With the Ring we observed a fish-eye effect that bothered us at first, making it “peep-hole-esque” when viewing the imagery. But given that this provides a FULL 180-degree view, you learn to get used to the effect for sake of the broad viewing angle. Compared to the SkyBell HD it seemed to have a slightly wider view-angle, beyond the cleaner images.
Another interesting aspect of the Ring is that you only get a trial of their cloud recording. They normally charge $3 per month that will provide you access to the last 6 months of recordings. Keep in mind that none of these devices are not going to continually record, and instead only snippets are taken during a motion-sensor triggered event. Also, all devices will record an event where the doorbell itself (button) is pressed.
However, the SkyBell devices are providing you a cloud recording service at no charge, with no mention anywhere about future costs associated. So if you want this feature but want it for free, Ring might not have you covered. Still, recording video is only good if the quality is worth recording, and that was only really the case with the Ring, which also allows scrubbing during playback, and easy video sharing.
Below is a gallery showing off setup, installation, and other random tidbits during our testing of the Ring Wi-Fi Video Doorbell.:
Here is a short motion-triggered video that the Ring captured at Holly’s place during the day:
And here is another motion-triggered one at night from the Ring:
And lastly one triggered by motion as far away as the street, before she dialed-back her distance sensitivity on the Ring doorbell:
To date the only real complaint we have is trying to hone in sensitivity for the zones based on where the doorbell is situated. You’ll see a screen shot where you can set that, and it was great because we were able to eliminate false alerts from cars driving by. As a matter of fact the Ring was the only device that was more than just on/off for motion, but actually offering a granular adjustment that was unmatched.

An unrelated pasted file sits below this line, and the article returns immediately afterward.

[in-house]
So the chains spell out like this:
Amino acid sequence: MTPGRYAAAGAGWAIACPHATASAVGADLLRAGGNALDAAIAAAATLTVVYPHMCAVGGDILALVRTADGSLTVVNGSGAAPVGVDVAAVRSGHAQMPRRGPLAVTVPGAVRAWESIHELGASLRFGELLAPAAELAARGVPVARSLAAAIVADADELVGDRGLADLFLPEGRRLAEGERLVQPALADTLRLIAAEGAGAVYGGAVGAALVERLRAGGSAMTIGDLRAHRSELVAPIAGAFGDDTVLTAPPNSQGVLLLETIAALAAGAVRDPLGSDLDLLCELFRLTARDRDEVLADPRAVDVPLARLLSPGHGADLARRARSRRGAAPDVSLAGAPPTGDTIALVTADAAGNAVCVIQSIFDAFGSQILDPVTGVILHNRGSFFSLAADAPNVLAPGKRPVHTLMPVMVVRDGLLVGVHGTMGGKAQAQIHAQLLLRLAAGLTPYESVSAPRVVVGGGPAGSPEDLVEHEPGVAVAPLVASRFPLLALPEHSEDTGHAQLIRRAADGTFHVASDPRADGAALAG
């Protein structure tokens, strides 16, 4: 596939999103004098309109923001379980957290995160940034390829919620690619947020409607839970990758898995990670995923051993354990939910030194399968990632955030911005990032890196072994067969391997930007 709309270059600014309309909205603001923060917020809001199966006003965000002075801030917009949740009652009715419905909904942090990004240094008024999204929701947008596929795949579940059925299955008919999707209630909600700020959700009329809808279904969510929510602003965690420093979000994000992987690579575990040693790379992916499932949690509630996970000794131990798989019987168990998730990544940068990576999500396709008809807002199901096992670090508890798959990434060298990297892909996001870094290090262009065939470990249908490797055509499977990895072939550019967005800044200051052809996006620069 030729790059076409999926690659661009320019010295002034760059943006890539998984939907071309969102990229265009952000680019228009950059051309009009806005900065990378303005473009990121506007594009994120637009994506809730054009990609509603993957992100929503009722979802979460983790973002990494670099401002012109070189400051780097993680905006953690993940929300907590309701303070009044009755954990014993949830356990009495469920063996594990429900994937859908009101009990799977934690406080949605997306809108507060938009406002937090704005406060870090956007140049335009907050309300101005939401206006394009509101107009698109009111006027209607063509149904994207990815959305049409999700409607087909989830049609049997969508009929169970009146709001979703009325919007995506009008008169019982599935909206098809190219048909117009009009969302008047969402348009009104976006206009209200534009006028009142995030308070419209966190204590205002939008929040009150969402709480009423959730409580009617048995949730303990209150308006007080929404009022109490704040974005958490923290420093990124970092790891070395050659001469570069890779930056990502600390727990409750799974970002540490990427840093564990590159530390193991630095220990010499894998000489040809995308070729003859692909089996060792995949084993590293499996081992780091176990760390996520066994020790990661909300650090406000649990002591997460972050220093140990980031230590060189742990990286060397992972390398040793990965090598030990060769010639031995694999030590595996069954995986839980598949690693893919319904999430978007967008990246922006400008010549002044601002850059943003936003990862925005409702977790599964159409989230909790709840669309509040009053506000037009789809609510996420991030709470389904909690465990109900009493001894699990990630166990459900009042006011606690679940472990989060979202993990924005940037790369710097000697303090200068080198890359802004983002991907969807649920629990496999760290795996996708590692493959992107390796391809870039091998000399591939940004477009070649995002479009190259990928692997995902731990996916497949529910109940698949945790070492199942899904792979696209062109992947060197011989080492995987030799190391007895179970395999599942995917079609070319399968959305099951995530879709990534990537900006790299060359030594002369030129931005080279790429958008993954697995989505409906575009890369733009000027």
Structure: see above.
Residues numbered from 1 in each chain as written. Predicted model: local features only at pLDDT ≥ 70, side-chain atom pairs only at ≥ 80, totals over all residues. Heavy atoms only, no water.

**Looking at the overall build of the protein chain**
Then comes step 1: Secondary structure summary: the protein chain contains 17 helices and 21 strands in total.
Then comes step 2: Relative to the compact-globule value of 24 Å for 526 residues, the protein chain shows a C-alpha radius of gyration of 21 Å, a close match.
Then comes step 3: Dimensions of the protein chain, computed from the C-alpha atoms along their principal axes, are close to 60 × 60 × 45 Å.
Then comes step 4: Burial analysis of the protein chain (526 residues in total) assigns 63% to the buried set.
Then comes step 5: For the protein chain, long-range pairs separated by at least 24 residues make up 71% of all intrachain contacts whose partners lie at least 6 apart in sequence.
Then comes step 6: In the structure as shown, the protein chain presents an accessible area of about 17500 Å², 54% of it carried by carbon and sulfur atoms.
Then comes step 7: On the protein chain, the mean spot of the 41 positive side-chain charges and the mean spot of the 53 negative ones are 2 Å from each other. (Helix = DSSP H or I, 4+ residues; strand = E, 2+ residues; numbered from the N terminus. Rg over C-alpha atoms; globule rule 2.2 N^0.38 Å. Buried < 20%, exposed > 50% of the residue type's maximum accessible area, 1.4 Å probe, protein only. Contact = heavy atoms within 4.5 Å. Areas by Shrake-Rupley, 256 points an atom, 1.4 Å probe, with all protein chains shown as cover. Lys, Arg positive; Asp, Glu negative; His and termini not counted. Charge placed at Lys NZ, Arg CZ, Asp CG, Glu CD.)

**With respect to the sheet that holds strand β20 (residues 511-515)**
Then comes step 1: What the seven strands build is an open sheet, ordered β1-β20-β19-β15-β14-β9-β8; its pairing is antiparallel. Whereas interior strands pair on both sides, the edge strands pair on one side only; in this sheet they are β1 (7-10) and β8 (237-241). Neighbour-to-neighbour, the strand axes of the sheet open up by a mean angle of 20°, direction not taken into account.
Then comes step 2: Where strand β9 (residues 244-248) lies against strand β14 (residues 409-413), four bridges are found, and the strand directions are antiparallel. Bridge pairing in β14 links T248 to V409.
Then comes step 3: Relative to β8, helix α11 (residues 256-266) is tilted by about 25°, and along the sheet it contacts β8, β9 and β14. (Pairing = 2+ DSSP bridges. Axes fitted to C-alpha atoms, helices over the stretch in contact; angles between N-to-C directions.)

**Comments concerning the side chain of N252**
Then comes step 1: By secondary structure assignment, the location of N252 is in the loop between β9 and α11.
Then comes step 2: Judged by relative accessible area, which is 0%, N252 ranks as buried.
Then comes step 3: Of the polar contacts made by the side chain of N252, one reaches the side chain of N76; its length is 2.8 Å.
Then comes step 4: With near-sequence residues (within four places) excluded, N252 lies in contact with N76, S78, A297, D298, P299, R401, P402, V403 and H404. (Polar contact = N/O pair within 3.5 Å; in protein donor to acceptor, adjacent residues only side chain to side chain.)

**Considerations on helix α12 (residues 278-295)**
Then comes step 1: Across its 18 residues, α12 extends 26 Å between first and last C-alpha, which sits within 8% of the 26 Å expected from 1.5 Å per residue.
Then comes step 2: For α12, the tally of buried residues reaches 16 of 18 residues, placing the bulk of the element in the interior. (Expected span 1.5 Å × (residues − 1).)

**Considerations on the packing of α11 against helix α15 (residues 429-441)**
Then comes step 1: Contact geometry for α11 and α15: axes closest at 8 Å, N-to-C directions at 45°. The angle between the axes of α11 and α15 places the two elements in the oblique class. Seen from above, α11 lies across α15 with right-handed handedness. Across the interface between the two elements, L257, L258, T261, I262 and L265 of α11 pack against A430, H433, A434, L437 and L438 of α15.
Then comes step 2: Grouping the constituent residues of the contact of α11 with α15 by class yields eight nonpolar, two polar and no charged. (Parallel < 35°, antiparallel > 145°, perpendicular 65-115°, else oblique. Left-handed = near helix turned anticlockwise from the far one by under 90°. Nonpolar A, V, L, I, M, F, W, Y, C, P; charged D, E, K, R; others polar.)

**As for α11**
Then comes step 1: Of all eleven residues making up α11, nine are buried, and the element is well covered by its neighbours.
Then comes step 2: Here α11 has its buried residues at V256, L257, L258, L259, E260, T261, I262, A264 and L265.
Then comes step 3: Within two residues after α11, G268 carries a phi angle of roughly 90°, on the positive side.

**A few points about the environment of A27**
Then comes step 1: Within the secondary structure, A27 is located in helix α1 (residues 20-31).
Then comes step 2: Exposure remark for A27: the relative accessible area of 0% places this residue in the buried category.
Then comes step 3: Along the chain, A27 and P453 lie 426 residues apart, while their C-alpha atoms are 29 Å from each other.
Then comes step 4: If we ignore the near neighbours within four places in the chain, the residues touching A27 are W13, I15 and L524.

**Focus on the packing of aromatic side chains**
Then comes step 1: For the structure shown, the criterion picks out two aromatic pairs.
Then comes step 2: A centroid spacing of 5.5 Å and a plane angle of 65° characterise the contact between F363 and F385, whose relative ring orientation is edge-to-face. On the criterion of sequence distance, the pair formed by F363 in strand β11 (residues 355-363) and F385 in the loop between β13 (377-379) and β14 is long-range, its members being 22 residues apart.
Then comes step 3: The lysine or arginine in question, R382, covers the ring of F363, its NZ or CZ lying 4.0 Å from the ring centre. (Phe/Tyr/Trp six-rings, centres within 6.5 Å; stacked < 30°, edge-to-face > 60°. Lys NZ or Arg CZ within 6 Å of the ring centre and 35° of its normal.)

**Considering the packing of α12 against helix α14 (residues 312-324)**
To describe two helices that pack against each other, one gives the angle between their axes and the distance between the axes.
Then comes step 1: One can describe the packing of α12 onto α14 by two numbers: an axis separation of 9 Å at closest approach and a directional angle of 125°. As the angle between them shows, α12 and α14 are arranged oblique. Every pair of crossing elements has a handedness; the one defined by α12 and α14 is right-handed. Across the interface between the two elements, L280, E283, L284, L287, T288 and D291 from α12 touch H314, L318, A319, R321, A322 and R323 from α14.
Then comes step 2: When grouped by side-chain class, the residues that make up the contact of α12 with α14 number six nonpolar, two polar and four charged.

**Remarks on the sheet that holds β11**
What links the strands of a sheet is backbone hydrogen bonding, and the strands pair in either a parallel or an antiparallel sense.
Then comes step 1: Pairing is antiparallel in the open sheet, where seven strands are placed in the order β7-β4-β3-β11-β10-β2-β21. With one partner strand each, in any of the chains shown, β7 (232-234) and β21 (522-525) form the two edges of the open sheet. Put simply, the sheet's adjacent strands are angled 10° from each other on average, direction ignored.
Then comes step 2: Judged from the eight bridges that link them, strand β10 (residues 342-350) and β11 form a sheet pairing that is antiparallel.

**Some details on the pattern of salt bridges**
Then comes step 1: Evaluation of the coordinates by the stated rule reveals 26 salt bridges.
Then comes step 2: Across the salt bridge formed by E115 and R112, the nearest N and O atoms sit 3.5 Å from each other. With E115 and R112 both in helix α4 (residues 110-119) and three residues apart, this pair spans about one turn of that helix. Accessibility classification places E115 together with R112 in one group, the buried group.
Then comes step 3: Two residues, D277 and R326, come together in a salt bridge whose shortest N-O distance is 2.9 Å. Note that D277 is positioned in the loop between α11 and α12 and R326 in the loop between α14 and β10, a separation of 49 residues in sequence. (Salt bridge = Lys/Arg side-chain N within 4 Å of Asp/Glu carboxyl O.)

However, as the walkway up to Holly’s house is to the far left (see images) and flush to the house, there continue to sometimes be missed alerts (motion not detected) in this tight zone. This may be just a limitation of the hardware, but we hope a future software/firmware update might help with this as well. We did have a chance to interact with the Ring customer service team for some questions (regarding notifications & zones) and they were prompt and quite helpful.
For those of you running Android devices, Ring offers an Android app, which you cannot get on the SkyBell HD. So again that, plus the ability to run wireless, definitely gave the Ring a leg-up on the competition. Now before we conclude, there is one more device to mention.
August Doorbell Cam
As we began wrapping up our testing of these devices, a new one was announced: the August Doorbell Cam. We reached out to August to get our hands on one, but received only a simple reply that they would look into things, and nothing more. With their web-site showing a 5-7 week lead time we’ve decided to postpone testing of this unit until such time that it is more readily available to the general public.
However, based on data we received from friends using the August Smart Lock in their homes, it sounds like they have a very polished app experience. And the specifications of the August Doorbell Cam sound solid, with both Bluetooth and WiFi built in, integration with their existing locks eco-system, and four gorgeous colors. They offer both Android and iOS apps, but the device does require wiring. So again, if you need an entirely wireless option, this isn’t going to work for you.
Down the road we would really love to test the August Doorbell Cam, and see how it stacks up against the others here. Since my house is the one with wiring, I’ll likely be the one to give it a crack. Stay tuned to our blog, and I’ll add a link here to this post if/when we get our hands on one in the future.
By now it should be fairly obvious that we much preferred the Ring Wi-Fi Video Doorbell. It offered a more versatile set of options (wired vs wireless) and applications (iOS vs Android). It provided a far superior quality of video versus the SkyBell Wi-Fi Video Doorbell, and still better than the SkyBell HD. Plus you get an overall smoother interface within the smart phone application.
If you’re shopping for a smart door bell, there is a reason the Ring Wi-Fi Video Doorbell is the top-seller, has more than three times as many Amazon reviews, and gets 4-stars (versus the SkyBell’s 3-stars)– the Ring is the one to buy!
Stay tuned here for updates, especially when the August Doorbell Cam is available. Thanks for reading!